Intoxicated Pedestrian v Taxi Driver – Contributory Negligence.
Head injury and subsequent psychological issues.
The injured claimant had spent the afternoon at a function held by his football club, and had then headed towards a night club district with a group of people. The Court found, in relation to the injured claimant, that “It was clear that he had consumed a good deal of alcohol in the course of the evening”
Once he got to the nightclub, he was informed about a cover charge. He decided not to enter the night club, and began searching for a taxi to take his party into the city.
A maxi taxi arrived and the injured claimant asked for a lift into the city. The driver declined and pulled off down the road. The driver then performed a u-turn. In the time it had taken for the driver to perform the u-turn and come back past the night club, the injured claimant had begun walking across the road.
Unfortunately, the taxi driver did not stop or swerve as he passed the injured claimant, and he struck the injured claimant with the front left hand side of his maxi taxi.
The Court was asked to determine whether the driver was entirely labile, or whether some of the blame rested on the injured claimant.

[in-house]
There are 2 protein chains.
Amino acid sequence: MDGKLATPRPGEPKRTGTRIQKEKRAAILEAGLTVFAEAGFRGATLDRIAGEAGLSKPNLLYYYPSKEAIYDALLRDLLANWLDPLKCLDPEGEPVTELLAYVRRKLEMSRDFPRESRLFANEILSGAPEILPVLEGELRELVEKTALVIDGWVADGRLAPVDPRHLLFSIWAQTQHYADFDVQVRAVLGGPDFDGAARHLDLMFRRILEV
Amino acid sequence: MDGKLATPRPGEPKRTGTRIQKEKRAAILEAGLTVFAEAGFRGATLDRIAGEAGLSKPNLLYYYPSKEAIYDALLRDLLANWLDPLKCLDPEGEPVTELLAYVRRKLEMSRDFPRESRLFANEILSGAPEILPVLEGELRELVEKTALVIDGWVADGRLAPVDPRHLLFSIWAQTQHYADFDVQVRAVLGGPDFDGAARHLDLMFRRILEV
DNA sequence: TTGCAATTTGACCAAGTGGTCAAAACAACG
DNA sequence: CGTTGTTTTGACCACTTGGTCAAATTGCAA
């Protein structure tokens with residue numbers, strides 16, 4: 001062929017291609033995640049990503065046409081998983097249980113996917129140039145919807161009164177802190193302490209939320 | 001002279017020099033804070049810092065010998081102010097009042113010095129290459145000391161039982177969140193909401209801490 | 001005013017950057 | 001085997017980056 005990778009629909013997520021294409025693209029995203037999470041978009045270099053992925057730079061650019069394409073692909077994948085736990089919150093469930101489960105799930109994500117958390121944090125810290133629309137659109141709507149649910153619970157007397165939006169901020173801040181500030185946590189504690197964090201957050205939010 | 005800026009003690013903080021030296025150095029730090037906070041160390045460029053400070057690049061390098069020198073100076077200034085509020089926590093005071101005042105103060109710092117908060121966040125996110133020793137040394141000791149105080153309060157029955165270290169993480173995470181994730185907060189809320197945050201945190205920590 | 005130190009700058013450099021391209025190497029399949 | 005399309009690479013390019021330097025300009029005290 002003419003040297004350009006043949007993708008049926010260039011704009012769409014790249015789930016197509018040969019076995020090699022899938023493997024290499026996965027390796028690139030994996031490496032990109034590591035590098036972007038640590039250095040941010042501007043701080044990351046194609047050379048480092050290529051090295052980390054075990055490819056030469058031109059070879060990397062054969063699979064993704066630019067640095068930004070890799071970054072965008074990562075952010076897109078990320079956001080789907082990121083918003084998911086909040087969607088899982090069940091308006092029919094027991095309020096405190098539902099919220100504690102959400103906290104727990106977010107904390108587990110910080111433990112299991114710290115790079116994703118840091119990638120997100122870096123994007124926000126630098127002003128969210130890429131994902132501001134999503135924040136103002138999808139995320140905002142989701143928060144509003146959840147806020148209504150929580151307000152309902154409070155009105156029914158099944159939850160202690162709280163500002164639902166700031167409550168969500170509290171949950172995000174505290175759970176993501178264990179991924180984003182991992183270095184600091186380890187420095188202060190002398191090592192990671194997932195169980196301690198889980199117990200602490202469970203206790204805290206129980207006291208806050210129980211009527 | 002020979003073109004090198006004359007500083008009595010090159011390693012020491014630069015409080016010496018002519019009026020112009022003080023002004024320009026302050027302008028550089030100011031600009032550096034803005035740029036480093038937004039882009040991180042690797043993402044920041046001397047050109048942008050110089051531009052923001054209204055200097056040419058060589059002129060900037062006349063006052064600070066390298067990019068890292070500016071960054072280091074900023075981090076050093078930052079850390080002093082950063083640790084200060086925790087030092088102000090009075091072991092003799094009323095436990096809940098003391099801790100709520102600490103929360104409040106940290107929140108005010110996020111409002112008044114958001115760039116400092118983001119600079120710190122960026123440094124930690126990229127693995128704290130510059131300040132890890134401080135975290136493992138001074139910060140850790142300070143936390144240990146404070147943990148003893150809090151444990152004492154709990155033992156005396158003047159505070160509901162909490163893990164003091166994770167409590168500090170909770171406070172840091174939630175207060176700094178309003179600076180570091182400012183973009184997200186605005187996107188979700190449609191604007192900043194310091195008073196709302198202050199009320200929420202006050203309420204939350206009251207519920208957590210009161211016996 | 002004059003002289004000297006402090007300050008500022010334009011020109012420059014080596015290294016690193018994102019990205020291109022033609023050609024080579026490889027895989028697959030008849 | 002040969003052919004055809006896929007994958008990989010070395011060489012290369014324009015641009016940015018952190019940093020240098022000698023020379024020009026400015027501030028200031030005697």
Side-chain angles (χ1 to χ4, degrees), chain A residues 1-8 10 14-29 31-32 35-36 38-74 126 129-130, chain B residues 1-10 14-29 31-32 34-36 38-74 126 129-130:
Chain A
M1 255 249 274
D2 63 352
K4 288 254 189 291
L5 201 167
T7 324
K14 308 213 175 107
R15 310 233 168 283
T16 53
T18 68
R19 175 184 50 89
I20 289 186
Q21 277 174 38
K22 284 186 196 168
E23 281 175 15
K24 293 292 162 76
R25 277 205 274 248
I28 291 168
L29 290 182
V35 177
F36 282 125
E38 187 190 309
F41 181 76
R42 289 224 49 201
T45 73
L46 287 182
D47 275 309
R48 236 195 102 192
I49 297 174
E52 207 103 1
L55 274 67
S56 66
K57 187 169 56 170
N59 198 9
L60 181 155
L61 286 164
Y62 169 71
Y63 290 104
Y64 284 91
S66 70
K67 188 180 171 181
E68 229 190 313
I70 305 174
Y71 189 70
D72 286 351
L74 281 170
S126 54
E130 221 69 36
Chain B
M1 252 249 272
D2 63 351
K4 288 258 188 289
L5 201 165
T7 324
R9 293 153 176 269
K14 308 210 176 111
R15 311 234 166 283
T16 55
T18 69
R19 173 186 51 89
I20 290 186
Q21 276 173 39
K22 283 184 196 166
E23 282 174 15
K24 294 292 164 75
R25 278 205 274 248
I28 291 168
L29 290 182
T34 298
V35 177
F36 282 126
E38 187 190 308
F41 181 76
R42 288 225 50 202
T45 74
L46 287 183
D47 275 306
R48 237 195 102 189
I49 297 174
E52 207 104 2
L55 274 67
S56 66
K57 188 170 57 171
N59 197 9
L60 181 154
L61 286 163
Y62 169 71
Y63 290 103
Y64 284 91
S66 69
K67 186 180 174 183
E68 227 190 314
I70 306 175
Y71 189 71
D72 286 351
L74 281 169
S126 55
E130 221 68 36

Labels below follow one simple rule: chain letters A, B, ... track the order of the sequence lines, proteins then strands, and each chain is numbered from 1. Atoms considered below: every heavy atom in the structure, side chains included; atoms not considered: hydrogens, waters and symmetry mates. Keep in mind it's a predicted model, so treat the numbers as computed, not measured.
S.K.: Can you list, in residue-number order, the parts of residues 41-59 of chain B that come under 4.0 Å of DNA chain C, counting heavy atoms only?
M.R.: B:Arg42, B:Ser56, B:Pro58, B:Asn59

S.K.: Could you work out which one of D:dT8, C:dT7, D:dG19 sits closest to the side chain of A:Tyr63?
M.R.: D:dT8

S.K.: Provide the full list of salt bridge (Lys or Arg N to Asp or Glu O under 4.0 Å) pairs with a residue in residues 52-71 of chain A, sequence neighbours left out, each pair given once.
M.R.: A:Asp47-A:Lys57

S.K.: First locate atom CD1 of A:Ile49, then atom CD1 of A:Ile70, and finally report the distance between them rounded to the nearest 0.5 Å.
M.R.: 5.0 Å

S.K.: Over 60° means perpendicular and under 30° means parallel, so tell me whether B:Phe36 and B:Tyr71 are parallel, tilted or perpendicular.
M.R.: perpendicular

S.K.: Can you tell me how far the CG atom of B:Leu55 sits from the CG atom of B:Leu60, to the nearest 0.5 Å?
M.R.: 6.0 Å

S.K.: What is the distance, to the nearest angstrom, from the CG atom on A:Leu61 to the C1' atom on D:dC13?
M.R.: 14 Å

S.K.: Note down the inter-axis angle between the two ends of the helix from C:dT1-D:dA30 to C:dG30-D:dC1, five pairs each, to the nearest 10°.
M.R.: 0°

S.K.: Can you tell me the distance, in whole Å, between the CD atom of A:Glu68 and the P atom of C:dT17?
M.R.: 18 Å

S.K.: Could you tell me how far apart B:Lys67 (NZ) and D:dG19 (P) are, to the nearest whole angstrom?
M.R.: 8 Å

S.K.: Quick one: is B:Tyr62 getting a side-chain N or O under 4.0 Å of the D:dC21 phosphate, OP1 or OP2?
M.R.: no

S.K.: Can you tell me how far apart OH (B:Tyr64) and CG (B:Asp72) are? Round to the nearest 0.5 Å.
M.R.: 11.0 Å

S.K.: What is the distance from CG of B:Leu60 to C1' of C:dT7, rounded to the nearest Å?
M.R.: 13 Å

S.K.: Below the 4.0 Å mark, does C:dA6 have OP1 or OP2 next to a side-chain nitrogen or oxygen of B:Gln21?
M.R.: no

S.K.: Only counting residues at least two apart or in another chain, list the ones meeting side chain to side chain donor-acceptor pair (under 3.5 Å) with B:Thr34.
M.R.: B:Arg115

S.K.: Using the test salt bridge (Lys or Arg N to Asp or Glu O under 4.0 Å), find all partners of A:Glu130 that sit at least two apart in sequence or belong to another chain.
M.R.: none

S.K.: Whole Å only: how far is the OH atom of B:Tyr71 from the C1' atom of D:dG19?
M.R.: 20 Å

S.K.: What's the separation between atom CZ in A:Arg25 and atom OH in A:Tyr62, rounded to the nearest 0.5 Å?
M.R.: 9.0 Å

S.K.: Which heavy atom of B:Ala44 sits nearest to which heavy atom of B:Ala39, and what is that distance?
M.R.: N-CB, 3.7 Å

The Court considered the claimant’s level of intoxication and whether that intoxication contributed to the driver hitting him. This is relevant, because if the claimant was intoxicated at the time he was hit, it is presumed that he contributed to his accident. This meant it was up to the claimant to prove that his intoxication did not contribute to the driver failing to keep a proper look out.
The Court found that the driver had a duty to keep a proper lookout, which had nothing to do with the claimant’s level of intoxication. Therefore, the Court did not find that the claimant contributed to the accident just by being intoxicated.
However, in moving onto the road and attempting to hail the taxi in the middle of the night, from the middle of the road, the claimant did bear some responsibility. The Court found that the claimant had shown “a failure to take reasonable care for one’s own safety, and on that basis the plaintiff was guilty of contributory negligence at common law.”
Ultimately, the Court decided that the driver should bear 80% of the responsibility for the accident, as the duty to keep a proper lookout is paramount in these situations. The injured claimant was 20% responsible.
A finding of contributory negligence requires a Court to ‘discount’ the amount paid to the claimant.
Here the Court assessed the full amount that the plaintiff’s injuries and then reduced that amount by the 20% for contributory negligence.